written by: Eleanor Newman•edited by: Jean Scheid•updated: 9/26/2010
From canned sandwiches to Head On, history is littered with examples of failed inventions. This article points out the mistakes of some famously useless inventions and explains how to avoid their mistakes.
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Dog Car Sack
People dote on their pets. In 2007 Americans spent $41 billion to provide their pets with every comfort imaginable. Such excess has spawned any number of useless inventions, including a product called Neuticles that provides neutered pets with fake testicles to boost their self-esteem. One enterprising British company sells a product called Greet Me--Eat Me, which are greetings cards made of rawhide. Apparently, enough besotted individuals like the idea of mailing edible greetings cards to their pets to keep this product line afloat. But some pet-oriented inventions miss the mark by far. One, the 1950s-era Dog Car Sack, is a large pouch mounted against a passenger door with a head hole so your dog can be subjected to 75mph highway winds while trapped in a canvas sack. That just doesn't sound safe. The lesson: when your invention involves pets, children, grandmas, or anyone else you hold dear, don't put their lives in danger!
image: Popular Mechanics, 1936
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What late-night TV viewer hasn't been startled by the frightening and mysterious Head On commercial? The ad features a woman with a trance-like expression rubbing what looks like a fat glue stick on her forehead while a disembodied voice repeats "Head On, apply directly to the forehead!" Both the product and the marketing strategy exemplify two huge don'ts. One is vagueness: nowhere does the ad explain what the product is supposed to do. The other is uselessness. Medical professionals and the Better Business Bureau agree that Head On does not cure headaches. Perhaps that's why the commercial couldn't explain why to buy it. Despite its uselessness, Head On is firmly embedded in our culture. This useless invention commercial has half a million views on YouTube, and has inspired countless spoofs.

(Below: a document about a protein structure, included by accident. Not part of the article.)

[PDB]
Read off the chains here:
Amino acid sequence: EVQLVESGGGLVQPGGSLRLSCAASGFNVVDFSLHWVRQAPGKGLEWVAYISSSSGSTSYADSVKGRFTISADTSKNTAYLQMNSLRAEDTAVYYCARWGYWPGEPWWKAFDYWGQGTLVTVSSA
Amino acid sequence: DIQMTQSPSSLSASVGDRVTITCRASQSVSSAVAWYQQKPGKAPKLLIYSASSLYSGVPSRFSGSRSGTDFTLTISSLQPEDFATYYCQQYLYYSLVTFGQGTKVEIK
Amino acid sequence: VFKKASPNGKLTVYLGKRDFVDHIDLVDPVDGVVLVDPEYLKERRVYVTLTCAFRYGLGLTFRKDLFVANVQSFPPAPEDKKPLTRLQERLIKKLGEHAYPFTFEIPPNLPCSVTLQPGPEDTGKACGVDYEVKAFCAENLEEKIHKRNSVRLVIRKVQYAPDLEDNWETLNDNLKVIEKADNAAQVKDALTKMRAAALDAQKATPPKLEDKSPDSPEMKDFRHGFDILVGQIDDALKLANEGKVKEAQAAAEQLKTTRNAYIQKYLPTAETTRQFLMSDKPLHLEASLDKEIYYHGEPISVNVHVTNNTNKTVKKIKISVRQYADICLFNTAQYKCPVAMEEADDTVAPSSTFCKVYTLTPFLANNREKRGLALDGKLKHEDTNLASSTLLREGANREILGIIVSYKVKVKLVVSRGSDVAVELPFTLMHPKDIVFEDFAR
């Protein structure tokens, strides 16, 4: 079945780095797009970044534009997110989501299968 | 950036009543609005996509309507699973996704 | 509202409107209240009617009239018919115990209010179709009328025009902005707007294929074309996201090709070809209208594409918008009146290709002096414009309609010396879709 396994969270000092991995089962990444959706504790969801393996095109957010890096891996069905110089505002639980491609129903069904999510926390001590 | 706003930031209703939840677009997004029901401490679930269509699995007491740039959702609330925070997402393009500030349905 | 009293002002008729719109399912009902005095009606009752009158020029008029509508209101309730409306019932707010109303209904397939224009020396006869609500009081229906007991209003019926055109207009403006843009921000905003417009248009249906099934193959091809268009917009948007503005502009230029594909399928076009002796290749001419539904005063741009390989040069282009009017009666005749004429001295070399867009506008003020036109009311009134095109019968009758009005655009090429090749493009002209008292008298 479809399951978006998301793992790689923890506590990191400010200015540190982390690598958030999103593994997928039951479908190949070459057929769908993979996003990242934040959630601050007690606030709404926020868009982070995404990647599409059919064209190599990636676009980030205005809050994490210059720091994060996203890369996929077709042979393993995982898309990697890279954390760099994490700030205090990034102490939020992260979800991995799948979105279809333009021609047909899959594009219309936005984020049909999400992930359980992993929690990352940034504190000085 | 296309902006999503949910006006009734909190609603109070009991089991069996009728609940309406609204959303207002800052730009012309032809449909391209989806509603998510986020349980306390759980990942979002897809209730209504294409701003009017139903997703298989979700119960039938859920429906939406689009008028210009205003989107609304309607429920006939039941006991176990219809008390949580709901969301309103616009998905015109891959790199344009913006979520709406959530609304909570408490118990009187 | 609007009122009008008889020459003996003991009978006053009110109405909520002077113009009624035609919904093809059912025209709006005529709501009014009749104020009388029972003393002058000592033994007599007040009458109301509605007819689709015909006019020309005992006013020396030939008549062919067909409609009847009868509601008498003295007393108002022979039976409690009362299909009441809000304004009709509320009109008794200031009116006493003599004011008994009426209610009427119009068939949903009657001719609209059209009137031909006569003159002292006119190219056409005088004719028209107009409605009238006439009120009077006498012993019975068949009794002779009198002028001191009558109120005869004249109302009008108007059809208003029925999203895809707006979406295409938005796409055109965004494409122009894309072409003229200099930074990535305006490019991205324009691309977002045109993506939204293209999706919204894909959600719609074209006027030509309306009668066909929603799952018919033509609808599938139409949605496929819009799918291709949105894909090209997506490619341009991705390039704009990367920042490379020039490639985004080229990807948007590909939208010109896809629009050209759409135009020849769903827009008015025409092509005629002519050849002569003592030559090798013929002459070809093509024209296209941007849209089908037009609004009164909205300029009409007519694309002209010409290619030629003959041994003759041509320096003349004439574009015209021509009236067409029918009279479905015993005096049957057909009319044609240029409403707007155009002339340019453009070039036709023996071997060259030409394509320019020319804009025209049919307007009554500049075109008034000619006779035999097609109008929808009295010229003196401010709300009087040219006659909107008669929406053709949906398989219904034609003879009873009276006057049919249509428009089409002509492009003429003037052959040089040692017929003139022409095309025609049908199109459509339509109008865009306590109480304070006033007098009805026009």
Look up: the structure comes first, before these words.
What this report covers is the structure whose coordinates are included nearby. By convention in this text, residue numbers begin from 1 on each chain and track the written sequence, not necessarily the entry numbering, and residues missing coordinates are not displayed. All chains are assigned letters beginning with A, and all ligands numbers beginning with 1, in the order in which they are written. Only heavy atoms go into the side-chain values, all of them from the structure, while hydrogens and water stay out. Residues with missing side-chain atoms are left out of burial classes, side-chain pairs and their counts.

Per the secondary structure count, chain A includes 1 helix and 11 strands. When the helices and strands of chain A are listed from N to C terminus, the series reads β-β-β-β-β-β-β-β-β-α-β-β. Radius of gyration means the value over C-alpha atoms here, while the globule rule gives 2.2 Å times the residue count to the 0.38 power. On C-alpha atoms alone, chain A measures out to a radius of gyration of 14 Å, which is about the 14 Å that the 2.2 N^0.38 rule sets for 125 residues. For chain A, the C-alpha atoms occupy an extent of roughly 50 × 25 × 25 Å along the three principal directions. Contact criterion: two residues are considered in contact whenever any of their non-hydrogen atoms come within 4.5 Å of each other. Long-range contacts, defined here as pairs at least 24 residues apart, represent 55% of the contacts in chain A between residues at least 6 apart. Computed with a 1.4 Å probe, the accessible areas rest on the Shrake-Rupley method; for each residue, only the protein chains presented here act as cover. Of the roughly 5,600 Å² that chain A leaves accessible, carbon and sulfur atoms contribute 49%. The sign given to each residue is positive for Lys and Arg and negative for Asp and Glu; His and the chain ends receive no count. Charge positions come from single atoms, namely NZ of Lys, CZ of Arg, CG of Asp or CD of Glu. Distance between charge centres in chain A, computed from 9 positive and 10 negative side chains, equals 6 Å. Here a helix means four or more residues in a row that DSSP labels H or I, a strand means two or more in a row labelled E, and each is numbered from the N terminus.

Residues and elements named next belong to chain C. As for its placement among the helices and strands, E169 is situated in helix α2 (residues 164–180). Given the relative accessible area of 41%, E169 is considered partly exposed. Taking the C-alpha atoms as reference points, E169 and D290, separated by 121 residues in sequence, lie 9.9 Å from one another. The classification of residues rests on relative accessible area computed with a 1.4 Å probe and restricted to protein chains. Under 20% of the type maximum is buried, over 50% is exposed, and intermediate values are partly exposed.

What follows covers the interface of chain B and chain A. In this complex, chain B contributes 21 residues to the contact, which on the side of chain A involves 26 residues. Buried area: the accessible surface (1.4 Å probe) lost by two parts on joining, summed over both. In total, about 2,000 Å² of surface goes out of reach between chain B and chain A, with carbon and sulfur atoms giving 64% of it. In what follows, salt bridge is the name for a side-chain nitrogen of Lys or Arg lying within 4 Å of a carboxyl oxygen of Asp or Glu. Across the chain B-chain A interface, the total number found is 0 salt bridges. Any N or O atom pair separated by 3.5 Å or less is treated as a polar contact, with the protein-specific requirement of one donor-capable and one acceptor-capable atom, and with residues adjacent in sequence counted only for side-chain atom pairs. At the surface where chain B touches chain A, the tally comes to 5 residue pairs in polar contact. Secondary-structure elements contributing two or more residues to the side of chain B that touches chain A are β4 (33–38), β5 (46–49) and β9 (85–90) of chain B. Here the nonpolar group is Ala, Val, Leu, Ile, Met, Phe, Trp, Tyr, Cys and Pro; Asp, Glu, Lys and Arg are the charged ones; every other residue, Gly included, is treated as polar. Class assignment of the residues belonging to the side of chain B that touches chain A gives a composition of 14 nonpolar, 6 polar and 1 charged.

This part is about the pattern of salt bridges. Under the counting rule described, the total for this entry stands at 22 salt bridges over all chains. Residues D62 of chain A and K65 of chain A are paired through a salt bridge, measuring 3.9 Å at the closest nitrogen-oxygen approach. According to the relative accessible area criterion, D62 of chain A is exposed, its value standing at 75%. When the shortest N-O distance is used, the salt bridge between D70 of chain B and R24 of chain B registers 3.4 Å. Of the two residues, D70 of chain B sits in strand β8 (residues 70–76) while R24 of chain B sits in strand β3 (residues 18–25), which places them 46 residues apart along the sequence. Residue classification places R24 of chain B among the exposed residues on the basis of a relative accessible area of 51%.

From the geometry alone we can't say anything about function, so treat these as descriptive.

image credit: blog.newsok.com/Bryan Farha
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Hat Simulating Fried Egg
Contrary to what you might think, there's a market for a wide array of useless inventions. People impulse buy for a variety of reasons: they see something they've "always wanted," they're on vacation, their favorite team just won, or because something is just crass enough to be hilarious. However, there are some things that no sane person would buy, and a fried-egg-shaped-hat is one of them. Patented under the compelling name of Hat Simulating Fried Egg, you can view the drawings of this hideous headware here. The patent listing provides some engaging reading, particularly this line:
"The hat finds utility, for example, as an attention-getting item in-connection with promotional activities at trade shows, conventions, and the like."
And to promote anti-drug campaigns, apparently. Go figure. Anyway, our favorite Hat Simulating Fried Egg illustrates that if the very name of your product provokes the question why on earth would someone want that, there's probably not a market for it. Useless objects should have something appealing about them to get customers pulling out their wallets.
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The U.S. Patent Office doles out hundreds of thousands of patents each year. Most of these requests for patents turn out to be useless inventions. Inventors can become so focused on fixing a problem that they forget to ask:
Do other people experience this problem?
Would they pay for a solution?
To avoid the mistakes other failed inventors have made, it's important to scrutinize your product. Does your invention fill a need, is it an elegant solution, and how can you convince people they need it? If you've invented something that doesn't succumb to any of these weaknesses, it might be time to take it to the patent office. Check out this Bright Hub piece to demystify the process. Then, try out some of these strategies for free advertising to kick start your marketing campaign.